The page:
Dr. Milton Huling, Curriculum Specialist for Elementary Science at Polk County Schools. As a classroom teacher, Milt has taught physics and earth science at the high school level. He has also taught physics and middle school comprehensive science in a virtual school setting. Milt has been a Curriculum Specialist for Secondary Science and is currently the Curriculum Specialist for Elementary Science in a district serving over 100,000 students. Milt has presented at regional and national conferences.
With our District’s switch to elementary science FlexBooks from CK-12, questions are being asked by teachers about how they can use the FlexBooks in their classroom if students are not provided a hard copy version. We have purposefully chosen not to print the FlexBooks as we do not want science classrooms to turn into reading classrooms, which can often be the case (Britner, 2008). Instead, we have chosen to utilize the FlexBooks as a resource and place the focus on inquiry.
Even with the emphasis now placed on inquiry, there is still a great need for text within the science classroom, so how can we balance the use of text without foregoing our vision of inquiry. Our solution is to not print the FlexBook and utilize it in what we feel is its best form, electronic, if possible. By doing so, it gives the student and teacher access to all the features of the FlexBook where it can be utilized most effectively. Unfortunately, the online option can be difficult given the limitations of the technology within the classrooms.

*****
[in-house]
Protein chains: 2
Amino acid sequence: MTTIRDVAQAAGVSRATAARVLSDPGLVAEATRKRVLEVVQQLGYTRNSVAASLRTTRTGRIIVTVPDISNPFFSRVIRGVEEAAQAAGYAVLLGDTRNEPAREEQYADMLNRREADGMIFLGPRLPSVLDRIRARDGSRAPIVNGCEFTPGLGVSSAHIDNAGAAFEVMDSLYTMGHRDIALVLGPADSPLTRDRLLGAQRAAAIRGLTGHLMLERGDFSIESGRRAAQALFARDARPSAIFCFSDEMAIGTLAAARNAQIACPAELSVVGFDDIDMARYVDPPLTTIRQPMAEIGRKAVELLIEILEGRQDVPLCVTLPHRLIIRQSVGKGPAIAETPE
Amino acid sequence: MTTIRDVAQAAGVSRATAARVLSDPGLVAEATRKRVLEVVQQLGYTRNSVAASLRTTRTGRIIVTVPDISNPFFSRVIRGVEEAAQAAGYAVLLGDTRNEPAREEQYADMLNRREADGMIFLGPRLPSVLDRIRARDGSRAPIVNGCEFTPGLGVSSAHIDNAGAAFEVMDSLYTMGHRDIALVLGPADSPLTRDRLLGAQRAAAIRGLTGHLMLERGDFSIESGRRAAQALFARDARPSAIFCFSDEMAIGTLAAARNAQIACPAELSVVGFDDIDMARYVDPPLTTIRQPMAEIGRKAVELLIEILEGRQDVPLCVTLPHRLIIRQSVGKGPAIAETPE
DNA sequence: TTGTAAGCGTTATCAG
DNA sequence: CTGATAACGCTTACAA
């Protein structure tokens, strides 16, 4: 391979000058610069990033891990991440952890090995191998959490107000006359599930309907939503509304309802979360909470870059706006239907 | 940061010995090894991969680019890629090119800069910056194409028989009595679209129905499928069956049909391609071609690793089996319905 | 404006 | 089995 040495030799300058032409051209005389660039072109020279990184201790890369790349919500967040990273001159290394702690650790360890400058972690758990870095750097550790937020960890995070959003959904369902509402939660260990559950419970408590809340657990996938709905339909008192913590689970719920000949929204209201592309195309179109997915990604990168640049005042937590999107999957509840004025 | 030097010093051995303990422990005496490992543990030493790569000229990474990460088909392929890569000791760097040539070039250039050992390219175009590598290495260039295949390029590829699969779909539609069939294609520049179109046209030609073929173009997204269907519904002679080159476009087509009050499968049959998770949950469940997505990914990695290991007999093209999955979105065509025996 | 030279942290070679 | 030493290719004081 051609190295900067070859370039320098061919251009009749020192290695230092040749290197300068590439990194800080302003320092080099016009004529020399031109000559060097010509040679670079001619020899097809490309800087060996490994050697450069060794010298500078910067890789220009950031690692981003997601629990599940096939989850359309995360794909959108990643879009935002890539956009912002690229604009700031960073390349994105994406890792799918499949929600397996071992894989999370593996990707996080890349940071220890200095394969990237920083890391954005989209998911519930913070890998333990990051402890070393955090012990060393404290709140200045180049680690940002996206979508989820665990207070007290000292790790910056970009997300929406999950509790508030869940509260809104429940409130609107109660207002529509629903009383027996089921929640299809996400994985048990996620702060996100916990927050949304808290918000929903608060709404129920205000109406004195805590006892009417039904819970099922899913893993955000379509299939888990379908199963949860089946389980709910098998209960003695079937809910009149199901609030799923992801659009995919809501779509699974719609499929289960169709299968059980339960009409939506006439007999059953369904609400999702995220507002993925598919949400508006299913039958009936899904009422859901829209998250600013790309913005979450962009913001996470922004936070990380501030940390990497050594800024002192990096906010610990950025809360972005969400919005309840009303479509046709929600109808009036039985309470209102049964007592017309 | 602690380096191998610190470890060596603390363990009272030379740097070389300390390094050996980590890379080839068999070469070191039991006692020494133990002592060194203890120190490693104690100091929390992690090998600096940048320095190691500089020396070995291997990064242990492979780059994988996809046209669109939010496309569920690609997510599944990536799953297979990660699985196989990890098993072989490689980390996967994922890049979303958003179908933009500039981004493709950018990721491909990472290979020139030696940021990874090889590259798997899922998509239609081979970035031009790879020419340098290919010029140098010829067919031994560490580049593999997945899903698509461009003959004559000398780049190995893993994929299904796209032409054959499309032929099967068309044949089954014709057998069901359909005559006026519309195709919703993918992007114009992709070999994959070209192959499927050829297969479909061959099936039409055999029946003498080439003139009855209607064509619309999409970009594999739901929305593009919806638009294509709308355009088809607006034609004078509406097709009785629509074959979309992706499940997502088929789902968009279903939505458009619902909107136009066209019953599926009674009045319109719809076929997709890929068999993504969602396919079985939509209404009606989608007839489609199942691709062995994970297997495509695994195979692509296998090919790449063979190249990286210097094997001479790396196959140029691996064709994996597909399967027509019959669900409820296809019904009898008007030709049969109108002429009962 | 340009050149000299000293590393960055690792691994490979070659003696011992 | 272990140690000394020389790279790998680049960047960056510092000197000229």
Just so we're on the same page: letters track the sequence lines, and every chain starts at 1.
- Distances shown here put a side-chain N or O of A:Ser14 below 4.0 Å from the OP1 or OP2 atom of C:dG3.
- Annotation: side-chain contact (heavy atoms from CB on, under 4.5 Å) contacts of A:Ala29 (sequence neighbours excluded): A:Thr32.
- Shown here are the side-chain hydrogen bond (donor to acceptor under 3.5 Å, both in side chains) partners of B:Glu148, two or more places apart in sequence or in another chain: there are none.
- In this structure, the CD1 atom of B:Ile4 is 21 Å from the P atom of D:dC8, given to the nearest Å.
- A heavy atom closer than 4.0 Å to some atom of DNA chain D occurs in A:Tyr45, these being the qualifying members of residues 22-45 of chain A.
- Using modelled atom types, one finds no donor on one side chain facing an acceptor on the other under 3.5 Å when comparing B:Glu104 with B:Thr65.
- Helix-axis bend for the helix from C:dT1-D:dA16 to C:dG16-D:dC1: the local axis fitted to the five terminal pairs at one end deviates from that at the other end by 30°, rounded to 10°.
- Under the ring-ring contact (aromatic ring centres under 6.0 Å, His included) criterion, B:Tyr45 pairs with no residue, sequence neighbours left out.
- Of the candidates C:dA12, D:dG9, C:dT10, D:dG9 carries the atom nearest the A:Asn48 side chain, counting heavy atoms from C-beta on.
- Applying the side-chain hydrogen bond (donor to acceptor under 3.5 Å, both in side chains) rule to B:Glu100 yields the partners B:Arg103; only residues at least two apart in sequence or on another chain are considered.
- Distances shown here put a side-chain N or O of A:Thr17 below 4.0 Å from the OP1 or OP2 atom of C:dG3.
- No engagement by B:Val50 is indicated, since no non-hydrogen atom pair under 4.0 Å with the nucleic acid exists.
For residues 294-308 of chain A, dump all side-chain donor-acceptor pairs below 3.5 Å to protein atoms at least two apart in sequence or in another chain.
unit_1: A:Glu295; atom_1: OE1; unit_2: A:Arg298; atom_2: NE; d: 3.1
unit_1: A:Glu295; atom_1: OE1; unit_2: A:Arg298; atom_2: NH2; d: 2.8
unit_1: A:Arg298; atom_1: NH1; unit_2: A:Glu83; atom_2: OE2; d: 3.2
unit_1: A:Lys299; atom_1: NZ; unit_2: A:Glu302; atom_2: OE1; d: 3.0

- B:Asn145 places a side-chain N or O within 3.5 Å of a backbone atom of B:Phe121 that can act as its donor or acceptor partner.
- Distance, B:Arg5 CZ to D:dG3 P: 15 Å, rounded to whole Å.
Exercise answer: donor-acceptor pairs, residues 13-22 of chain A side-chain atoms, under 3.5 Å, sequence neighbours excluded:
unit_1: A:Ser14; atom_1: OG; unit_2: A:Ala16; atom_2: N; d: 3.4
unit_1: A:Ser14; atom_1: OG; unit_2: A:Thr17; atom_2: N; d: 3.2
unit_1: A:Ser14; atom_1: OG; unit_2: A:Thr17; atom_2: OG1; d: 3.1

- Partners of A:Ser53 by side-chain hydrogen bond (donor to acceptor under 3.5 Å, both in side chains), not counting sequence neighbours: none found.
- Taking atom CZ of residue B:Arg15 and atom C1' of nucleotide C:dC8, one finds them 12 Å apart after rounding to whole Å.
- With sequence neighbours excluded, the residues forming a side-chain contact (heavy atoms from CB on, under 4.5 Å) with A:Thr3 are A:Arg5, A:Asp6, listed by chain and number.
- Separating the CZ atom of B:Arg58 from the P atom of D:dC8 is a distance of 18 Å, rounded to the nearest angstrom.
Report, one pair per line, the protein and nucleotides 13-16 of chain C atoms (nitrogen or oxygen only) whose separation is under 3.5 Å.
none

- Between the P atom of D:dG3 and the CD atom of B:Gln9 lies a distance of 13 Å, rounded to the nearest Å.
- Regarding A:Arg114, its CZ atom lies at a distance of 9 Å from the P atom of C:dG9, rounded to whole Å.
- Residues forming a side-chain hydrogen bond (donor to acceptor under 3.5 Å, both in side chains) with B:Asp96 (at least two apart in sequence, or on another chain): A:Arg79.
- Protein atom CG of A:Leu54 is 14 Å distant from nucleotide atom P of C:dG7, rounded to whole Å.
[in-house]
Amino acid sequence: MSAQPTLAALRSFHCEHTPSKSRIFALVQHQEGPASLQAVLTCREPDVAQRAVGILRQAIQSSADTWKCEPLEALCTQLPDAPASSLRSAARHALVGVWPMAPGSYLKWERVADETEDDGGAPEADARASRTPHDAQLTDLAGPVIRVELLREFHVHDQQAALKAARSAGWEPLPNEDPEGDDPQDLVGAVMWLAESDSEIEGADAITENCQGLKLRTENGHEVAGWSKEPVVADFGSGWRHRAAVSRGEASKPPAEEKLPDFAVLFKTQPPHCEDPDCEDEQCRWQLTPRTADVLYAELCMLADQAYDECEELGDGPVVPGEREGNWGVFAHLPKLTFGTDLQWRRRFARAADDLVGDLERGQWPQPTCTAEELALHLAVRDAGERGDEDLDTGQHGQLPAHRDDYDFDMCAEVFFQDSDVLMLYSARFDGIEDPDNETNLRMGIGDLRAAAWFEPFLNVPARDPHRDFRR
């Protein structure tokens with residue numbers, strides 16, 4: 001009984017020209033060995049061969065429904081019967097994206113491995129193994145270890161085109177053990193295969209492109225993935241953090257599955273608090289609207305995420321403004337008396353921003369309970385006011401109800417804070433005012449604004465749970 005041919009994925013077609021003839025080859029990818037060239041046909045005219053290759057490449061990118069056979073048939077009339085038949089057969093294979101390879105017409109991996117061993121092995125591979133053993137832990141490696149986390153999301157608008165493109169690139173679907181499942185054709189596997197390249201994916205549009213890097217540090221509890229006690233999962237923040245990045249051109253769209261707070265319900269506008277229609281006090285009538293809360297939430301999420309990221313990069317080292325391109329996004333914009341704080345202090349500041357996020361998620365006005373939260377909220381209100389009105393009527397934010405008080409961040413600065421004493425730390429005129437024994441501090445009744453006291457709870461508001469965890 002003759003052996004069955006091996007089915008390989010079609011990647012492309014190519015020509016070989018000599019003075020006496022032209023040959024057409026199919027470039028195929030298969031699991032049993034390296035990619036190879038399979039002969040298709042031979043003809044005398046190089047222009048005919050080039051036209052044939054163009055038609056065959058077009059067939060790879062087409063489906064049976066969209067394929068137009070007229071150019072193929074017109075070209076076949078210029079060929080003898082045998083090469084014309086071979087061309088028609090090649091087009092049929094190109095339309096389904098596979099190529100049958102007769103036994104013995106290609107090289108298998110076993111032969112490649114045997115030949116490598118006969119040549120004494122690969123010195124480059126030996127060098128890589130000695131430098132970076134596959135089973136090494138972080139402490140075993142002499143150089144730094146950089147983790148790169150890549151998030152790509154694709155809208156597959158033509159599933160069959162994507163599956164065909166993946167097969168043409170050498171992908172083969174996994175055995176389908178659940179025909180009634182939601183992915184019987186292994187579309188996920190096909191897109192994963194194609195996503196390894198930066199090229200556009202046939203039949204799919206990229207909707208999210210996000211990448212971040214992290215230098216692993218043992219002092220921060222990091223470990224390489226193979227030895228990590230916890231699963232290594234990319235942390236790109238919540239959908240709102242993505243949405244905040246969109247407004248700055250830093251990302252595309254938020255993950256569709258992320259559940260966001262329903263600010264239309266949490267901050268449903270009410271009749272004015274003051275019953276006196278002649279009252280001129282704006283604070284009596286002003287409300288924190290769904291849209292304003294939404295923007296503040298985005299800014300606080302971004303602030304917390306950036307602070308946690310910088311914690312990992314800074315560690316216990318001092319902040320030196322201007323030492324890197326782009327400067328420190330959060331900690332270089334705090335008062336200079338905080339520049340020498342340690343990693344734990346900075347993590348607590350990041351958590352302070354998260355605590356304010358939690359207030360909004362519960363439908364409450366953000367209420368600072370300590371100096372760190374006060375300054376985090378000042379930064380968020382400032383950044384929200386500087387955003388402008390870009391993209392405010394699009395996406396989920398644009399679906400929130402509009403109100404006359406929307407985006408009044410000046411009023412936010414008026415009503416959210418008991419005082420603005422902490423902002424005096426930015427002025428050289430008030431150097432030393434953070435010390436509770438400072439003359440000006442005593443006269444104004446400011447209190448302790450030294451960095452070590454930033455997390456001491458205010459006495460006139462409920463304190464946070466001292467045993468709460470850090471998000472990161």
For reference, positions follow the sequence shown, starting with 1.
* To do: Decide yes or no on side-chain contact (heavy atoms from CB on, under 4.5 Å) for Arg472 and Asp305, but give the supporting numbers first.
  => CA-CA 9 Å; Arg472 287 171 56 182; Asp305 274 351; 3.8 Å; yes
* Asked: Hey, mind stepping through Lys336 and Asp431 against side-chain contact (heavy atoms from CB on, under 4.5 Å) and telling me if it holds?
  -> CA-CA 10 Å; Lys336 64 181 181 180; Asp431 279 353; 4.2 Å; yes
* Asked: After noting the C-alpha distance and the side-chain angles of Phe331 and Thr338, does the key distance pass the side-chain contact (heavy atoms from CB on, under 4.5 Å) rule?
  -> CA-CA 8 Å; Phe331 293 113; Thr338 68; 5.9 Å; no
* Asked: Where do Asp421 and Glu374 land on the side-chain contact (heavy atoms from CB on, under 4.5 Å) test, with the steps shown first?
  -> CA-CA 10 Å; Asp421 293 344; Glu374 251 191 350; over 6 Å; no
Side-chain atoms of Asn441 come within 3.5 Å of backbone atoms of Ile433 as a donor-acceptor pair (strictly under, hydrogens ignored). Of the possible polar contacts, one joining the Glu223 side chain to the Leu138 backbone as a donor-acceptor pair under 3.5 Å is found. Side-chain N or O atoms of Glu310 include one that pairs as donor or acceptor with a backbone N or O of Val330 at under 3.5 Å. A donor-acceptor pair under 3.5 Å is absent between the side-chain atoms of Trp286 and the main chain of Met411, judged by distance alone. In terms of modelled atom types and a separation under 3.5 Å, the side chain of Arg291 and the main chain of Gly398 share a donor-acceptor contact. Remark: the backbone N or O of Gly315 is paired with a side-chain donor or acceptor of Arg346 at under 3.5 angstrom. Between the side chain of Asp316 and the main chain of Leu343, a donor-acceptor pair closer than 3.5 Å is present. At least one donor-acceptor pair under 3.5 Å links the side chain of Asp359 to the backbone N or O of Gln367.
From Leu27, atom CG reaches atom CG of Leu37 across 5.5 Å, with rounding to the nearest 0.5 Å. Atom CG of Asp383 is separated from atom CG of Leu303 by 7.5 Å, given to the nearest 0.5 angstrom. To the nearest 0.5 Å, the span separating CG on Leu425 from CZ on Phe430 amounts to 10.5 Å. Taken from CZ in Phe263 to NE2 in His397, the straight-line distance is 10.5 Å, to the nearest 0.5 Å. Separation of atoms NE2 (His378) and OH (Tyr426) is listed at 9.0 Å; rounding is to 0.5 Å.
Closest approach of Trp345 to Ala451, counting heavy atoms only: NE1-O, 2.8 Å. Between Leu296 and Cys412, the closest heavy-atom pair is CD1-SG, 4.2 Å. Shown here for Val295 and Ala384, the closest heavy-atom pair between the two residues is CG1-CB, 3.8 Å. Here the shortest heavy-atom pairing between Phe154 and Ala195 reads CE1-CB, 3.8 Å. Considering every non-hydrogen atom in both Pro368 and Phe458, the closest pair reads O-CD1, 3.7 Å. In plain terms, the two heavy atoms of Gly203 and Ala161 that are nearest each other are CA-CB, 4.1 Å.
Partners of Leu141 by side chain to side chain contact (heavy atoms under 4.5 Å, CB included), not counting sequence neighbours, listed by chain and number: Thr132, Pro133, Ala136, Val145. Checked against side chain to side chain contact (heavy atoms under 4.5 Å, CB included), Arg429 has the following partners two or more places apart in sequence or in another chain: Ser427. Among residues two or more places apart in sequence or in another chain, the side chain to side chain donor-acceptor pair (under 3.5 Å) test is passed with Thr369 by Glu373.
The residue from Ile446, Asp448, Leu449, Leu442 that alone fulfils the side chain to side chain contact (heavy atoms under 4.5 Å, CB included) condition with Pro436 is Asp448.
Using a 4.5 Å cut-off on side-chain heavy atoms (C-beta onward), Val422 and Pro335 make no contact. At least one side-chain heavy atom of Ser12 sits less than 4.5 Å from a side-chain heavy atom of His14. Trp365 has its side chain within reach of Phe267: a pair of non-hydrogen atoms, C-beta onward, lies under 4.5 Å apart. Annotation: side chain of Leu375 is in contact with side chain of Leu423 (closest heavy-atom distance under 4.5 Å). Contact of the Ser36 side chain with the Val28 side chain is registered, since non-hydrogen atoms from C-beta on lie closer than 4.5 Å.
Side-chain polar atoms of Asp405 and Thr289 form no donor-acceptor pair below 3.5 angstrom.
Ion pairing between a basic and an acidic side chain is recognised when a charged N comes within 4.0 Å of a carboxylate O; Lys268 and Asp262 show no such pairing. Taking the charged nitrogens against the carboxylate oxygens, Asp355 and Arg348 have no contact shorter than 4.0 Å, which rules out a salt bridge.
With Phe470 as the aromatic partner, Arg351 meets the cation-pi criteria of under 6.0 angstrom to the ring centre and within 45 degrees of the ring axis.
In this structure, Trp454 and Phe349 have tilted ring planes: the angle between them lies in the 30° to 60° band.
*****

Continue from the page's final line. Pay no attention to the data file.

Currently, I have proposed several ways to use the FlexBooks:
- If necessary, print only the small sections used.
- Project the section of text to be discussed at key times during the lesson.
- Utilize the small amount of computers available in the classrooms during center time.
During a recent training, one of our most visionary teachers presented an incredible new way to use the FlexBooks that I had not considered. Using her classroom’s Smartboard (Interactive Whiteboard), during center time she has students do a close read on the text. In groups of 4-5, she has students read and then underline or highlight key vocab in the text. She then has students predict word meaning using context clues. She has them answer the questions at the end of each section, or adds additional questions as needed, and has students write their answers in their interactive science notebooks. On the computer connected to the Smartboard, she has made folders where students save their work from the day.
As most elementary teachers understand the concept of centers where students are given differentiated work aligned to their learning needs, this could be an excellent option for any classroom. Once again, I am reminded that I do not need to know all the answers. As an instructional leader, all I may need to do is to pose the challenge to the 10,000 teachers we have employed in our district.
Saving trees, promoting great inquiry and still bringing in the great resource of CK-12 FlexBooks!
Britner, S. L. (2008). Motivation in high school science students: A comparison of gender differences in life, physical, and earth science classes. Journal of Research in Science Teaching, 45, 955-970.